Without leaving airport terminals to avoid quarantine, Israeli volunteer organ courier travels the world saving lives
By David E. Kaplan
In every moment of darkness, it seems, there are countless moments of light. Time and again, individuals, communities and organizations have demonstrated that the direst situations tend to bring out the best in people. Literally illuminating this in the ‘Age of Corona’ is Omri Nahmias’ article in The Jerusalem Post (April 13) “The Israeli Who Never Leaves Ben-Gurion Airport”. Well, not quite – he does leave but mostly to other airports.
Of all the endless articles on Corona, Omri’s one resonated the most – I read it and then again three times!
While people the world over are rightly preoccupied with the health and wellbeing of themselves, a 47-year-old Israeli family man remains committed to the lives of people he does not even know. Mishel Zrian is a volunteer organ courier for awaiting recipients; whose lives are dependent on such organs arriving “on time”.
He has been volunteering for 20 years mostly transporting bone marrow to patients across the globe.
Corona now complicates the process and procedure.
When Mishel’s employer told him last month that he was about to be furloughed until the end of April because of countries’ policies of lockdown and isolation, Mishel thought about the lives at stake and decided to take his volunteering work to the next level and “do it full time.”
But with “full time” came immense complications, inconveniences and personal sacrifices like not seeing his wife and children.
Since that fateful decision, he has landed in Israel five times but never left his country’s airport in order to avoid the mandatory 14-day quarantine!
Explaining to local media, Mishel says he has an agreement with the Israel Airports Authority that he is permitted to stay at the airport lounge “until I need to get back to carry the next bone marrow delivery. Sometimes, I can land in Israel from New York at 5.00 p.m., and by 10.00pm be on a flight in the opposite direction.”
This type of selfless travel during a global life-threatening pandemic is proving to be hugely challenging but does not deter the intrepid volunteer.
Something to chew on
One of the many challenges is finding the time to eat – something most folks take for granted.
For this organ courier during Corona, “It’s hard to find an open restaurant when you are traveling,” he explains. “If I’m at the airport and I see an open place, I will eat chicken at ten in the morning. Why? Because I don’t know when the next time will be to eat.”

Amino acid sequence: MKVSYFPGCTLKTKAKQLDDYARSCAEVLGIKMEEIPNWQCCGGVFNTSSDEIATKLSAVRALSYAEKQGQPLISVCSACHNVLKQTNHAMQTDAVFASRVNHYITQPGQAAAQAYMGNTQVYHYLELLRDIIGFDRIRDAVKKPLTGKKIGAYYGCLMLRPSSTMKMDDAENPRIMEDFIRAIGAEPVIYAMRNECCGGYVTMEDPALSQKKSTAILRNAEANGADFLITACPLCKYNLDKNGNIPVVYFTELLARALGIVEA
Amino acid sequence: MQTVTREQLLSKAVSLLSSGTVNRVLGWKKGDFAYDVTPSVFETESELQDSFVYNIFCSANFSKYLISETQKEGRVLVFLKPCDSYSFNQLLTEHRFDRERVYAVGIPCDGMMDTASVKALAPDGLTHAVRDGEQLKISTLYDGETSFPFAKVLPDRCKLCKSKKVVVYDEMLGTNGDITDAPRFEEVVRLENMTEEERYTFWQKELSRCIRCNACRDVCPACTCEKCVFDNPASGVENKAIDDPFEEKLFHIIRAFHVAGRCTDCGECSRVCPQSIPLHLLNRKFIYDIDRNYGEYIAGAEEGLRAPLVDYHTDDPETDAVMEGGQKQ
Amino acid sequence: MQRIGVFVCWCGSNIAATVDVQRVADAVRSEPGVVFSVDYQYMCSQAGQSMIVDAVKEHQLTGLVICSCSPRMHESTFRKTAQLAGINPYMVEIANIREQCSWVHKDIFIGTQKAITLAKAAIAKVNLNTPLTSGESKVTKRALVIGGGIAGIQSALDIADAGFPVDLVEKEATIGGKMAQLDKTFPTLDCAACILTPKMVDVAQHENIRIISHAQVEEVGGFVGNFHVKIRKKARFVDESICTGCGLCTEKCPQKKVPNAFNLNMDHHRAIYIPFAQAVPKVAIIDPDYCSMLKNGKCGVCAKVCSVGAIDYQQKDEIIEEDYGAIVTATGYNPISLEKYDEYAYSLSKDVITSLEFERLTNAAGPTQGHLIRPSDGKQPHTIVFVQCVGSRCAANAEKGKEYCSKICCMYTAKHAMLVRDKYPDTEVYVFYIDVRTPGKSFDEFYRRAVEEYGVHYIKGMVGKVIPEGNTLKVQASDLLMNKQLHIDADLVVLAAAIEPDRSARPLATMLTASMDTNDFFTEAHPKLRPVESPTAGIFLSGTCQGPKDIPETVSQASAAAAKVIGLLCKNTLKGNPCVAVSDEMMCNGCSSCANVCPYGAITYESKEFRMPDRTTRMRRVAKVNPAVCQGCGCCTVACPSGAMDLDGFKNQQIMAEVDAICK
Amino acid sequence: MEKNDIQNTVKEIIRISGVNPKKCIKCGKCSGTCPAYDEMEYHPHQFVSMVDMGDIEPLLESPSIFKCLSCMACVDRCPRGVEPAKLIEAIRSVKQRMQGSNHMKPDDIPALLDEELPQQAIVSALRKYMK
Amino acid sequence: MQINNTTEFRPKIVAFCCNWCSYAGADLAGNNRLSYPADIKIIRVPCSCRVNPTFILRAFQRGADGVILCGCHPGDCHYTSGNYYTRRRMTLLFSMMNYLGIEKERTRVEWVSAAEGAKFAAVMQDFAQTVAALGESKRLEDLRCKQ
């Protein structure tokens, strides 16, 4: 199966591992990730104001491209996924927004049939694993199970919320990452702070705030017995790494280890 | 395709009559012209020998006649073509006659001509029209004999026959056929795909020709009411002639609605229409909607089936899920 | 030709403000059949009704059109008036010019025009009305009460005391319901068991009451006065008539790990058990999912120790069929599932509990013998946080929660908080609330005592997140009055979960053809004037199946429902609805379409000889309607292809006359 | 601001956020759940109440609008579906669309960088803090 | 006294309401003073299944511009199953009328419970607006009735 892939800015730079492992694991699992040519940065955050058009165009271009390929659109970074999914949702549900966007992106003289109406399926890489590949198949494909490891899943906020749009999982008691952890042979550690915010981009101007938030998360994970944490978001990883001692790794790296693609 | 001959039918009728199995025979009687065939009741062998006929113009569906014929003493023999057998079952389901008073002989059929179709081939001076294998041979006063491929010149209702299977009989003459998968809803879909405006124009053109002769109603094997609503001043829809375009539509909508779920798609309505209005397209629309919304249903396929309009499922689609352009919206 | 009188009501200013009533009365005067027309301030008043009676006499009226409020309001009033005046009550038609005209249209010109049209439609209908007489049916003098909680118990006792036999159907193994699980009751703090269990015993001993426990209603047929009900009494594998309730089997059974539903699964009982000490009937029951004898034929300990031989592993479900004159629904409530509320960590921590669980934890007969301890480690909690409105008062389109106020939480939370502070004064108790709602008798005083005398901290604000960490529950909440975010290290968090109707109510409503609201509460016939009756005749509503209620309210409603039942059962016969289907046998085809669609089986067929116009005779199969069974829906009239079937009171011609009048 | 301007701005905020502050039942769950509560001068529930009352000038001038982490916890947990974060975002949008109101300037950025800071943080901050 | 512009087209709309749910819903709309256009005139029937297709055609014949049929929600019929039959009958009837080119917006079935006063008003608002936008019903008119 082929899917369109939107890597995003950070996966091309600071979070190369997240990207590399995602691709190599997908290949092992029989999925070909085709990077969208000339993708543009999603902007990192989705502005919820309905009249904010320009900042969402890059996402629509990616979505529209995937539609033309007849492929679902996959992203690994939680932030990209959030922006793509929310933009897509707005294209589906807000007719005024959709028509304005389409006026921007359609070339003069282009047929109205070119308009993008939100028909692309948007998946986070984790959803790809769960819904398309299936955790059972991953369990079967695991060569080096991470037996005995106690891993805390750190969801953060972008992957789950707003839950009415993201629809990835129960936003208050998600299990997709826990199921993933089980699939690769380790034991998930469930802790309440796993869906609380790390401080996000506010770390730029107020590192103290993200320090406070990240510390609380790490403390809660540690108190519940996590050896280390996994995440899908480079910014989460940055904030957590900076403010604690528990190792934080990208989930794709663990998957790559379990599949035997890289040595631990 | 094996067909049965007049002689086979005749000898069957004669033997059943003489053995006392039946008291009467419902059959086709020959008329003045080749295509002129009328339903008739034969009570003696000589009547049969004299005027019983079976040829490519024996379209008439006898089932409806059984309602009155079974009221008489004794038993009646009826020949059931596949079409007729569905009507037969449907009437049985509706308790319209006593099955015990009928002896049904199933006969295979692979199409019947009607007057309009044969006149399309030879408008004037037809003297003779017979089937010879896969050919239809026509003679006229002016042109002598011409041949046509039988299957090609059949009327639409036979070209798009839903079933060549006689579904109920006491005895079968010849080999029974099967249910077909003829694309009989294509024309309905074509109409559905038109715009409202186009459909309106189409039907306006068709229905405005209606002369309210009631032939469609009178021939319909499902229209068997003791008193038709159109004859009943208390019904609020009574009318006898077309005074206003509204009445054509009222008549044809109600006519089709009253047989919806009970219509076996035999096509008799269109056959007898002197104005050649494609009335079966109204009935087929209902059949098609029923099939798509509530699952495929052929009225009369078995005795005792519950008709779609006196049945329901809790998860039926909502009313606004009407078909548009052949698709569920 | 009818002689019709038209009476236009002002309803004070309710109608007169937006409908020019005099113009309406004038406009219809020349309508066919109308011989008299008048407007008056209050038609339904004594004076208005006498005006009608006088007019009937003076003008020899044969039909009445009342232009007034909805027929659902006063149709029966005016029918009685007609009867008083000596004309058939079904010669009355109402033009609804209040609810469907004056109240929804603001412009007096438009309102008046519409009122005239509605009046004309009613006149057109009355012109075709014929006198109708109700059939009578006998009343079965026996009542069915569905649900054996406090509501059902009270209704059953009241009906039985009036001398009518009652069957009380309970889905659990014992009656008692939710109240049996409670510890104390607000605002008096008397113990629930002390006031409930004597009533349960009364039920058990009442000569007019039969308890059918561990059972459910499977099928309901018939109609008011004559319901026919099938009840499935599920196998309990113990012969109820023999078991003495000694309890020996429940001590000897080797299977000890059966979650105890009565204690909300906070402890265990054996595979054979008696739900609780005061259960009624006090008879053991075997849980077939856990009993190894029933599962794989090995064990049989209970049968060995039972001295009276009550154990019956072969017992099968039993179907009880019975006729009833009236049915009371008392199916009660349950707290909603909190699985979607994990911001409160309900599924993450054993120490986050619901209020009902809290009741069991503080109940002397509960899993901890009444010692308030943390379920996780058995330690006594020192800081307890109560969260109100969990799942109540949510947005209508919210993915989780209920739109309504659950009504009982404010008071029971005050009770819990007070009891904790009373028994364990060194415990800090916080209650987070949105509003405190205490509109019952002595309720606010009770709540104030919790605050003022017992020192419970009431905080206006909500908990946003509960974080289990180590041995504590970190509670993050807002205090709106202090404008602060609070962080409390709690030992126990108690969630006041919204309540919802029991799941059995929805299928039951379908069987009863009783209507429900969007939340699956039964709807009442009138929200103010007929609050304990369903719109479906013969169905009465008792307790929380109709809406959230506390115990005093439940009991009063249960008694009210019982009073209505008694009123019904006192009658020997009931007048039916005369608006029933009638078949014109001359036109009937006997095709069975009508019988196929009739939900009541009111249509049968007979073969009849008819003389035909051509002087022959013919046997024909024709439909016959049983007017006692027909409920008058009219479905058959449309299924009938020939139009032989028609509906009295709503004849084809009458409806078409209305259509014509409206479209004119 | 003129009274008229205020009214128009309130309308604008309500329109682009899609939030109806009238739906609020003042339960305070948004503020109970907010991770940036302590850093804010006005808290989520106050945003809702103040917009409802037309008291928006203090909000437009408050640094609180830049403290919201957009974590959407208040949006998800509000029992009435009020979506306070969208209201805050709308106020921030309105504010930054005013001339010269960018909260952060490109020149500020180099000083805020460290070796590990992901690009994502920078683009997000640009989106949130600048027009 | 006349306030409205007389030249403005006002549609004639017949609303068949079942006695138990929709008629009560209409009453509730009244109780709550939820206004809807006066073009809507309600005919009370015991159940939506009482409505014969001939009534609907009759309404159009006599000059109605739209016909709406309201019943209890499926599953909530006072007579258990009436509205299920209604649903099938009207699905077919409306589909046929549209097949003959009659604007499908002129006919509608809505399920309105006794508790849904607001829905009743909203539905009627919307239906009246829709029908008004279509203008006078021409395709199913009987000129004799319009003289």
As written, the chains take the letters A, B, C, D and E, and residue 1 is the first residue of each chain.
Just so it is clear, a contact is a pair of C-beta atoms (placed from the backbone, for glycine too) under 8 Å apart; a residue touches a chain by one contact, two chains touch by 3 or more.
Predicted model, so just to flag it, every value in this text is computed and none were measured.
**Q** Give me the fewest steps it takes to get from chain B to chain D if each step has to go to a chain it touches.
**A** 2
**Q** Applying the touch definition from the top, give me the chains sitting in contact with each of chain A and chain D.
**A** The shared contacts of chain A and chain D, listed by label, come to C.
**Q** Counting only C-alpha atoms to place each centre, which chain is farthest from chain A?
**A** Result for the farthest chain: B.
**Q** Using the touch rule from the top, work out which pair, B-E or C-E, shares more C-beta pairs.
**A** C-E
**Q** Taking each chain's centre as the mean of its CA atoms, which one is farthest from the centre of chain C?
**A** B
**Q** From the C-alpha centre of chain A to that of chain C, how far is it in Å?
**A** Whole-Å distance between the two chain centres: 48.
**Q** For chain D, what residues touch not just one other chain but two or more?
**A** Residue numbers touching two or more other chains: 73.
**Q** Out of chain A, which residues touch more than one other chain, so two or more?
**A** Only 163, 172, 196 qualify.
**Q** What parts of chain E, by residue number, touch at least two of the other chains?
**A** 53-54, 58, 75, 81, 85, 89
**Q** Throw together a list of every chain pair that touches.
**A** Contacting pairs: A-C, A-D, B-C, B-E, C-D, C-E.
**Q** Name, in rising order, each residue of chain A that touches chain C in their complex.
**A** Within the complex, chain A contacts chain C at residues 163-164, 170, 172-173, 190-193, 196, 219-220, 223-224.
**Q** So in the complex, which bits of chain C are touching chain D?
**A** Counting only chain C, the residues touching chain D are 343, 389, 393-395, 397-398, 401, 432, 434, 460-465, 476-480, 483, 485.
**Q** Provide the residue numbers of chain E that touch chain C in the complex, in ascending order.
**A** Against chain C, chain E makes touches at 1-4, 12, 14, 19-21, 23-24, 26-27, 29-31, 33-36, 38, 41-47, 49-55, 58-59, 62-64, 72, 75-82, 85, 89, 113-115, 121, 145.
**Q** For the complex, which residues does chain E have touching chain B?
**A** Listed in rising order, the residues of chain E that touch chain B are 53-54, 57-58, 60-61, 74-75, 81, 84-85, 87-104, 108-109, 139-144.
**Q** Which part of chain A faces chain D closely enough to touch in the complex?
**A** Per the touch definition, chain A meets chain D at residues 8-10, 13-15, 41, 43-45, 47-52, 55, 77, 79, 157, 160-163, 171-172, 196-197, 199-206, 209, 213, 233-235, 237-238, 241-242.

In the hotels, “the situation is odd as well,” he continues. “Rooms are not always clean because of different guidelines regarding staff work, and if you need a towel or shampoo, you need to go down to the reception and ask for it. I have been in hotels with no breakfast or even coffee.” It is not uncommon for Mishel, he says:
“for me to travel 24 hours without eating!”
But the main challenge, he said, is getting insurance cover.
“I couldn’t find anyone who would allow me to take out an insurance policy for the US,” he said. “I am worried about the possibility that I will get sick; so I do my best to practice social distancing while traveling.”
Bracha Zisser, founder and director of Ezer Mizion Bone Marrow Donor Registry and Collection Center, told the Post that before the coronavirus outbreak, hospitals around the world used to send a courier to pick up the bone marrow.
“But things got complicated in the past few weeks. It is hard to deliver the bone marrow and to allow couriers to enter the country. So we are now working with Royale – a courier company with whom Mishel is volunteering and with El Al – that are helping us with no cost, in full volunteering,” she said. “They understand that it is about saving lives.”
Zisser revealed that in March 2020, Ezer Mizion was able to deliver 26 bone marrow donations:
– 14 to EU countries
– 10 to the US
– 1 to Argentina
– 1 to Panama.
Mishel says that despite all the challenges, he is determined to keep traveling because he knows that his work saves lives.
“The hardest part is to land in Israel without seeing my family. I have a wife and two children. Fortunately, they are supporting me.”
Mishel Zrian hails from the Israeli city of Petah Tikva, which aptly translates from the Hebrew: “Opening of Hope”.
Mishel does his city proud by living up to its name.